The question was, what to do? I wanted to acquire gainful employment certainly. How I would go about doing that exactly, I wasn't sure. By December, I, as the proud owner of a fine parchment degree that said I had completed the requirements to receive a BS in Geography from Texas A&M. But the jobs weren't magically appearing. The best the career center had for Geography majors was a job as a Taco Bell assistant manager. Somehow I passed up that golden gem and I consulted with my profs instead. They said to go to grad school. Of course, it had worked for them. I love to talk, so it seemed like a win/win way to go to be a college prof. I would be able to teach and talk all I wanted then. So I took the GRE. I timed it badly though. I had a final Friday, December 10th, the GRE on Saturday, December 11th, then two finals Monday, December 13th. So I didn't have loads of time to study. I skimmed a GRE test booklet to get an idea of the material for about 30 minutes. And I fully intended to take the test again. This was just the practice run to get a feel for the test, not meant to be the production run. Now I don't know if it was because I was relaxed, or because I got a good sleep, or that the pressure to perform was off, or because I was in the academic "zone" for test taking, but I aced that test. I got a 1360 on the Math and English together, and a 2070 out of 2400. 93rd percentile of all college graduates. And I was sitting pretty for grad school admission. And I was admitted to everywhere I applied (I guess that 3.33 GPA didn't hurt either). But far and away, the University of Maryland was offering the best deal. They'd put me in for a University Fellowship worth $20,000 a year with my tuition remitted. But even if I didn't get that, they offered a departmental assistantship worth $10,000 with tuition remitted. Either way, they were going to pay me to be a grad student. Go Terapins! So I went to Maryland. A little aside here. As a young adolescent in Germany, I remember wondering if I would ever end up going to the University of Maryland in Munich. This was where most of the other college student military dependents went to be educated. Never did I suspect that one day I would actually go to the University of Maryland in College Park. Funny how things work out.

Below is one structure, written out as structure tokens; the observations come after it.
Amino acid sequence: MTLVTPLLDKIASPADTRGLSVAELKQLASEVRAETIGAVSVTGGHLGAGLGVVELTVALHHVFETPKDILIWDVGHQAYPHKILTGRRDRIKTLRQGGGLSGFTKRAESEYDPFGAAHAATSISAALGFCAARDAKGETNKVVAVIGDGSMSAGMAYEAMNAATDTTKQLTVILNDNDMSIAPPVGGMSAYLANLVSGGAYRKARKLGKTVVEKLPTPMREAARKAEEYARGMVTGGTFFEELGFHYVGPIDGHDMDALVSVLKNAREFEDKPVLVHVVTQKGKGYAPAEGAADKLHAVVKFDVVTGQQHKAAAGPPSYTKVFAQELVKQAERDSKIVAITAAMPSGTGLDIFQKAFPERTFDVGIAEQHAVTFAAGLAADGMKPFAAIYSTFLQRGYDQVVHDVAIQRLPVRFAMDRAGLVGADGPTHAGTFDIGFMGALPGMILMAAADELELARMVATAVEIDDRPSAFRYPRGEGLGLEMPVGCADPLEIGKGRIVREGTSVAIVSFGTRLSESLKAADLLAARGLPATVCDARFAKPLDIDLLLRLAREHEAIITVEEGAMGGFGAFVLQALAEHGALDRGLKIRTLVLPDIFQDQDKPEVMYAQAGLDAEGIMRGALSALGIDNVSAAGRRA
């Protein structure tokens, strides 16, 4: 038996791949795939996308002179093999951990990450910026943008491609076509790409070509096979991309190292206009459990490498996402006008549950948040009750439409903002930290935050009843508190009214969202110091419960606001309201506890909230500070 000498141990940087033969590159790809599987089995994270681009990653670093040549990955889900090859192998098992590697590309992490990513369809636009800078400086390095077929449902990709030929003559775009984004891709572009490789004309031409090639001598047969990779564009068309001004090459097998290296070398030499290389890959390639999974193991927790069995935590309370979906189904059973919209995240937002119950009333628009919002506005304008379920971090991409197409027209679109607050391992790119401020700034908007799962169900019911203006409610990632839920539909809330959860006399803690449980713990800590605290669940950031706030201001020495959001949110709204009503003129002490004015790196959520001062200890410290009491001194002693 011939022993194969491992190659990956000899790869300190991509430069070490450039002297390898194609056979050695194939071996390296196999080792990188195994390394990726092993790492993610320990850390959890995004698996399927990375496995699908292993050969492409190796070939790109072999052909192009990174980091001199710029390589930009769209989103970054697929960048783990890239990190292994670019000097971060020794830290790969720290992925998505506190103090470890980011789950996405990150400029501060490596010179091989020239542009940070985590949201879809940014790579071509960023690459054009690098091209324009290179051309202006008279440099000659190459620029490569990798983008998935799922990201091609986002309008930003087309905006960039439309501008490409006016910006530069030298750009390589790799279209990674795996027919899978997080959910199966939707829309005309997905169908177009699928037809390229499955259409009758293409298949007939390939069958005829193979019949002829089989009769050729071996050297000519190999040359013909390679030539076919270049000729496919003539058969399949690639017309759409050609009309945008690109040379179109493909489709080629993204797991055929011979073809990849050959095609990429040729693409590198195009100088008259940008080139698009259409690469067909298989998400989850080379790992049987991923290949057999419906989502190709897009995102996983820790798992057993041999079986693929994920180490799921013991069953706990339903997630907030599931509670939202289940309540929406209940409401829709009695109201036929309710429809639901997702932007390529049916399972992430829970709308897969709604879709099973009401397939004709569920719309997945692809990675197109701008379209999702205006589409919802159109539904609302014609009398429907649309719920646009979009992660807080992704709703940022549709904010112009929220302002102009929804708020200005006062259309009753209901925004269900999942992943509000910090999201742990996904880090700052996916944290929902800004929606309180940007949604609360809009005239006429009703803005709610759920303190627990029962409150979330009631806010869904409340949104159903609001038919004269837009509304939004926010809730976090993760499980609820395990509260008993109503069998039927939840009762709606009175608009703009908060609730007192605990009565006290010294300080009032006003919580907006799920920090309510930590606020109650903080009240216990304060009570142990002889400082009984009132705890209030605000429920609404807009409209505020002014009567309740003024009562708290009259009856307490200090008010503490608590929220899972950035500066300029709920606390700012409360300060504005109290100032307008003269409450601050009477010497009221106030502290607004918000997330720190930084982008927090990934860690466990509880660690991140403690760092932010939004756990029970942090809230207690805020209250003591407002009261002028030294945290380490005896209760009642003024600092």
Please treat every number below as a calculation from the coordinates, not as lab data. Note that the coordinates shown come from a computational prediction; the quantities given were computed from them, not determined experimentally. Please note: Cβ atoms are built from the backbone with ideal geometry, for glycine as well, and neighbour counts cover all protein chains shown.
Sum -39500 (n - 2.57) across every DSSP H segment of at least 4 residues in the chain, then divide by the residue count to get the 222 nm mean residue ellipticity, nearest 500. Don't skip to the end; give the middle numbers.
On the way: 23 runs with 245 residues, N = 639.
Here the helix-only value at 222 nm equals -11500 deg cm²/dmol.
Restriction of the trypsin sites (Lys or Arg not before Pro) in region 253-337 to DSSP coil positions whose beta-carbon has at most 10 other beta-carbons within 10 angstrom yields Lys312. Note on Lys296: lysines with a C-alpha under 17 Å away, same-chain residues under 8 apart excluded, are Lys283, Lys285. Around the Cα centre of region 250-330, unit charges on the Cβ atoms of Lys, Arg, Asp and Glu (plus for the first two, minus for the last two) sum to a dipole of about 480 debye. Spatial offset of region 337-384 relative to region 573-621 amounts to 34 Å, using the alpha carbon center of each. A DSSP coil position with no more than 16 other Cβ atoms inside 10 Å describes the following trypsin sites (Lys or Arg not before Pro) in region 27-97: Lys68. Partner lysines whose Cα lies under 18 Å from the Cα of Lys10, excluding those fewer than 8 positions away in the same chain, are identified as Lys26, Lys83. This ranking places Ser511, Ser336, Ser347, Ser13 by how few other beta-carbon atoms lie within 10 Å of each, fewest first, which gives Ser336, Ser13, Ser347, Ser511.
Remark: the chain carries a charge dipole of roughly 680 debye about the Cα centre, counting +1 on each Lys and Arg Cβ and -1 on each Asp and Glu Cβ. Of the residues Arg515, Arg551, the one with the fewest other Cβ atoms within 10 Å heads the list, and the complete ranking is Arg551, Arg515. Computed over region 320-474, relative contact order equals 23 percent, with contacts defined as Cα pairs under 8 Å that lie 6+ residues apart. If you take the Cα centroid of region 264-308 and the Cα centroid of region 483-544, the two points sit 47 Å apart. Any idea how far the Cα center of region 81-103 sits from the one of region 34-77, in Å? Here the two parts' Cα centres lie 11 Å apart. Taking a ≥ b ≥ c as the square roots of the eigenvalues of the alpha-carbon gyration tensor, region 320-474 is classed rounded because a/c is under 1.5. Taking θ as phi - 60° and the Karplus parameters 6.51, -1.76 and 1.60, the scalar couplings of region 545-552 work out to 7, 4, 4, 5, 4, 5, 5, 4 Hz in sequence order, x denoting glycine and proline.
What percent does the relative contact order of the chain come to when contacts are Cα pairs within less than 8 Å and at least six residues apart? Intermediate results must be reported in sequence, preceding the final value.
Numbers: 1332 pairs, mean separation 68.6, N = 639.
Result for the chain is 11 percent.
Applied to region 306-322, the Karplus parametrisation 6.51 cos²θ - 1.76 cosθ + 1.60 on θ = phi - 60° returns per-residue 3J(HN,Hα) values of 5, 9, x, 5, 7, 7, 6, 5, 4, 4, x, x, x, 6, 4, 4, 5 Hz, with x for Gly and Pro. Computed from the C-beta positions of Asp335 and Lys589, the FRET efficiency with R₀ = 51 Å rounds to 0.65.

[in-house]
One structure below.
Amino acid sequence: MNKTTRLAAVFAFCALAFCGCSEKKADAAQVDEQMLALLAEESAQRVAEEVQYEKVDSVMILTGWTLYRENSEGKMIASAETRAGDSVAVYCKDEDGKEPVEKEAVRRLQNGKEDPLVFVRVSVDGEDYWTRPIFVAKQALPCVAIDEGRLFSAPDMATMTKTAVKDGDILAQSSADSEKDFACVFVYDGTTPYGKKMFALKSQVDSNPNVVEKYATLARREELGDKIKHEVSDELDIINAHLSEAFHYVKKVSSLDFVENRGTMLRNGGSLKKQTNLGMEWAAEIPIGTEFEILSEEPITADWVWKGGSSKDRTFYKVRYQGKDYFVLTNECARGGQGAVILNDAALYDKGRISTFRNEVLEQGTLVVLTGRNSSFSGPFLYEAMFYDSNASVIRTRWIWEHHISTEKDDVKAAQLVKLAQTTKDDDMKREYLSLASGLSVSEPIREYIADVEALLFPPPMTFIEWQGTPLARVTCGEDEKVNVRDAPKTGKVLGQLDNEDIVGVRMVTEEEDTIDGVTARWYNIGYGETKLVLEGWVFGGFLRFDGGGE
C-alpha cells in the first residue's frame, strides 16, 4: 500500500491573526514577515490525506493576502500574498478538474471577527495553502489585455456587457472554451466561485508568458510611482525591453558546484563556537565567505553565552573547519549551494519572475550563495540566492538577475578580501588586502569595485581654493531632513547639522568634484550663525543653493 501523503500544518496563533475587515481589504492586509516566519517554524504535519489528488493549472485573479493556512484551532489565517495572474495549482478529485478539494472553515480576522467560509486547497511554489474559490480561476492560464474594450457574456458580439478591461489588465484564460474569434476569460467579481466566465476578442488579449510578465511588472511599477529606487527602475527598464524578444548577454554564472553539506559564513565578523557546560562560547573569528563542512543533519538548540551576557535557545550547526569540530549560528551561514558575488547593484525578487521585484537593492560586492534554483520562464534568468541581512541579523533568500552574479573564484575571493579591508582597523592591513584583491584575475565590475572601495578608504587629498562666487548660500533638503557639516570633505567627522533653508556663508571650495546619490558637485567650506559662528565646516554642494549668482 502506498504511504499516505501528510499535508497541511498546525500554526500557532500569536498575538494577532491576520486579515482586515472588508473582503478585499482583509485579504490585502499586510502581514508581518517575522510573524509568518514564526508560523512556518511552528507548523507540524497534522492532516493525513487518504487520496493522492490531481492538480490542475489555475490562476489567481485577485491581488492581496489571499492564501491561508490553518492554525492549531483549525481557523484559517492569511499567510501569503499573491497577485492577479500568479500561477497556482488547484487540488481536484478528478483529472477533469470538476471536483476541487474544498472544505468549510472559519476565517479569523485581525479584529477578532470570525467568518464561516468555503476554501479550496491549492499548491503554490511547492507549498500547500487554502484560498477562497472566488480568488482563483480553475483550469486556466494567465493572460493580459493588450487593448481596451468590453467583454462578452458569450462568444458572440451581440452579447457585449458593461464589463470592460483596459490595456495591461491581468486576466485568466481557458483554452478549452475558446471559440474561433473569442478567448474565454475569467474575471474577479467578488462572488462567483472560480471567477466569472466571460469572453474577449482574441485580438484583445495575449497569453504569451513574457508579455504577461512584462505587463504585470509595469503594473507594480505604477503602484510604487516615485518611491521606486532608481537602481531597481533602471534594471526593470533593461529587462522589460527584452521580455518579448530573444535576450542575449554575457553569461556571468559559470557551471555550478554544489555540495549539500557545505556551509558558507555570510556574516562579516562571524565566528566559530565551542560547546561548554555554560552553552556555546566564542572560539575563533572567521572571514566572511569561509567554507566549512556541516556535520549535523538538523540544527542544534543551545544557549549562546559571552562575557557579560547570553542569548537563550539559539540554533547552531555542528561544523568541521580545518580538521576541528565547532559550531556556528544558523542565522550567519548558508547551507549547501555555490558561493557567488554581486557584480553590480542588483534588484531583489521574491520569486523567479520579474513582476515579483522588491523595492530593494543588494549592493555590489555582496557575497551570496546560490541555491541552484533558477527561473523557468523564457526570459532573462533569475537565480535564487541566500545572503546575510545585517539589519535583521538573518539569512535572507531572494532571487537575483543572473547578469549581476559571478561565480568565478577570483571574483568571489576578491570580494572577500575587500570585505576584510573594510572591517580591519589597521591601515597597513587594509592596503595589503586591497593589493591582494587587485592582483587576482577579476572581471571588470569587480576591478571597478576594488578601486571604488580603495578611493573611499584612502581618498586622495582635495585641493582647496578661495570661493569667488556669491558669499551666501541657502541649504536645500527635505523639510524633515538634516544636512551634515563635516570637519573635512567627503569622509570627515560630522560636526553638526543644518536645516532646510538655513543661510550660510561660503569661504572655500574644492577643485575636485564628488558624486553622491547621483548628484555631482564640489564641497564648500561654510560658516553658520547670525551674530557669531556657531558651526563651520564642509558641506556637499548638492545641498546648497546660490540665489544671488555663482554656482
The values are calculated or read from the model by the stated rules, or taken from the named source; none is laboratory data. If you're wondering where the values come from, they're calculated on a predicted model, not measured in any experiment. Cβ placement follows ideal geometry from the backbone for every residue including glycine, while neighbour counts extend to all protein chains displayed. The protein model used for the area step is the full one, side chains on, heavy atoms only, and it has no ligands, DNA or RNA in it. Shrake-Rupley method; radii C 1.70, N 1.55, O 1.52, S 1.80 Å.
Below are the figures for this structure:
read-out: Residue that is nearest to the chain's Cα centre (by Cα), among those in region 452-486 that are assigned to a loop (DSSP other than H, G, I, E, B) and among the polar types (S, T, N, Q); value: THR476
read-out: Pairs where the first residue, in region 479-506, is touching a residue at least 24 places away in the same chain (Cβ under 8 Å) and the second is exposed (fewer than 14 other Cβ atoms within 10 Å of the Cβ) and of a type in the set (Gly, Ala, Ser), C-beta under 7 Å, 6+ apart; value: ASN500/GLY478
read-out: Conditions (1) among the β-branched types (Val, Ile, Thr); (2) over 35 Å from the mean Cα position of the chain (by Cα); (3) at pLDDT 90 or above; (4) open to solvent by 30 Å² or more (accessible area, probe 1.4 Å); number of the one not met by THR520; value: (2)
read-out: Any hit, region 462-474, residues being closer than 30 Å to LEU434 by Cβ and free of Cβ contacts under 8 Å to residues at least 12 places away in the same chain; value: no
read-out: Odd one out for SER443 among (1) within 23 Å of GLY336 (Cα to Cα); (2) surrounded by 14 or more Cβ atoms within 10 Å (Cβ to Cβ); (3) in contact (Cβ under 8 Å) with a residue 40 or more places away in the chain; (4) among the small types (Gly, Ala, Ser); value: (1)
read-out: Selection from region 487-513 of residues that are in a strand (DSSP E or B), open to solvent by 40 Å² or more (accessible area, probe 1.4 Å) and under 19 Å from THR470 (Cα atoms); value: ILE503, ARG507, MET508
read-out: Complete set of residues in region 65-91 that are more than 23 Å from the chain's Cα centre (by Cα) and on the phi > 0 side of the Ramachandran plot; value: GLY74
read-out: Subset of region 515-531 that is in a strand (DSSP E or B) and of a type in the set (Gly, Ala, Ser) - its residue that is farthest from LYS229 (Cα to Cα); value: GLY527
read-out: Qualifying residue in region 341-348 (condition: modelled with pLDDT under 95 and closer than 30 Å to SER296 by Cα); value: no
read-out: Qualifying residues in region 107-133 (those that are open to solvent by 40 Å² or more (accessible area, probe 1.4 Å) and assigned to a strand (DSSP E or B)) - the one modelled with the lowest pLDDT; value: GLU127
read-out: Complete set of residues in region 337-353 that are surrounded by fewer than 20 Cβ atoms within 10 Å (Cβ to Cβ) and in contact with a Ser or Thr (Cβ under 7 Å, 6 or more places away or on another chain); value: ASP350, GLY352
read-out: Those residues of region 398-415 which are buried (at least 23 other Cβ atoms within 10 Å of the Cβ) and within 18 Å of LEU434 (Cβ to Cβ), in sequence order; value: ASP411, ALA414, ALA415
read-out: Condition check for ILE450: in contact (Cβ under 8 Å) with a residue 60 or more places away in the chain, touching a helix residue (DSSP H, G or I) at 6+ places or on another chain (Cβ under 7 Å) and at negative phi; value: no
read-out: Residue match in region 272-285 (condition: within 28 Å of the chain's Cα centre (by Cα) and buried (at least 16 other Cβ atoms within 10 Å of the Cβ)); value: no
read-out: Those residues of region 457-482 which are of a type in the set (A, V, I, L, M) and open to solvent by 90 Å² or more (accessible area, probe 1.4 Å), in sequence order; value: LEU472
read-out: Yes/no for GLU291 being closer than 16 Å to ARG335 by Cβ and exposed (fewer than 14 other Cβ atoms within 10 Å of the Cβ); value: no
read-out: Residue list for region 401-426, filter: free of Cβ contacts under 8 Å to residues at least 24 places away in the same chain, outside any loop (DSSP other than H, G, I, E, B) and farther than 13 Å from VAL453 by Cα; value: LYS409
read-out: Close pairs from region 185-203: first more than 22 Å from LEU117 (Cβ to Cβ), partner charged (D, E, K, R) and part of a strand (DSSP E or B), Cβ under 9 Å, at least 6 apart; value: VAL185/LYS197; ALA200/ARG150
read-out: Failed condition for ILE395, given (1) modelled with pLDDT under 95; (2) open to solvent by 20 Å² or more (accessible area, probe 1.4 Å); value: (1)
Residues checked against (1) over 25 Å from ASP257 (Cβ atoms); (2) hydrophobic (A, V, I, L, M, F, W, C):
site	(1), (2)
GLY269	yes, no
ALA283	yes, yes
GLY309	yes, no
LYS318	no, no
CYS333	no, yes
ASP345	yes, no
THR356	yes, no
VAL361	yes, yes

My duties as a graduate assistant included hours of work in the Geography Department's Graphics Lab. This is where I learned Unix, as I had to teach undergrads how to use the workstations. This led to a job in the engineering department when my academic career hit the skids for mainly political reasons. I lost my assistantship in a bet (okay, I got a C on my Thesis Research Proposal, which was hardly universally appreciated, except by my advisor). Anyway, I worked in engineering for the spring, and came to learn much about TCP/IP, Novell, Windows 3.11, Unix, the Internet, and routers while supporting the PhD's in the various branches of engineering. Then my father retired from the Air Force which precipitated a crisis. I had been living with my parents in Alexandria, VA, and with their departure, I had to find real work. So I looked around a bit, and found a nice job in Bethesda with my new skill set. Thus I became a real live Systems Administrator for the first time. And I was going to be working for Dataworld.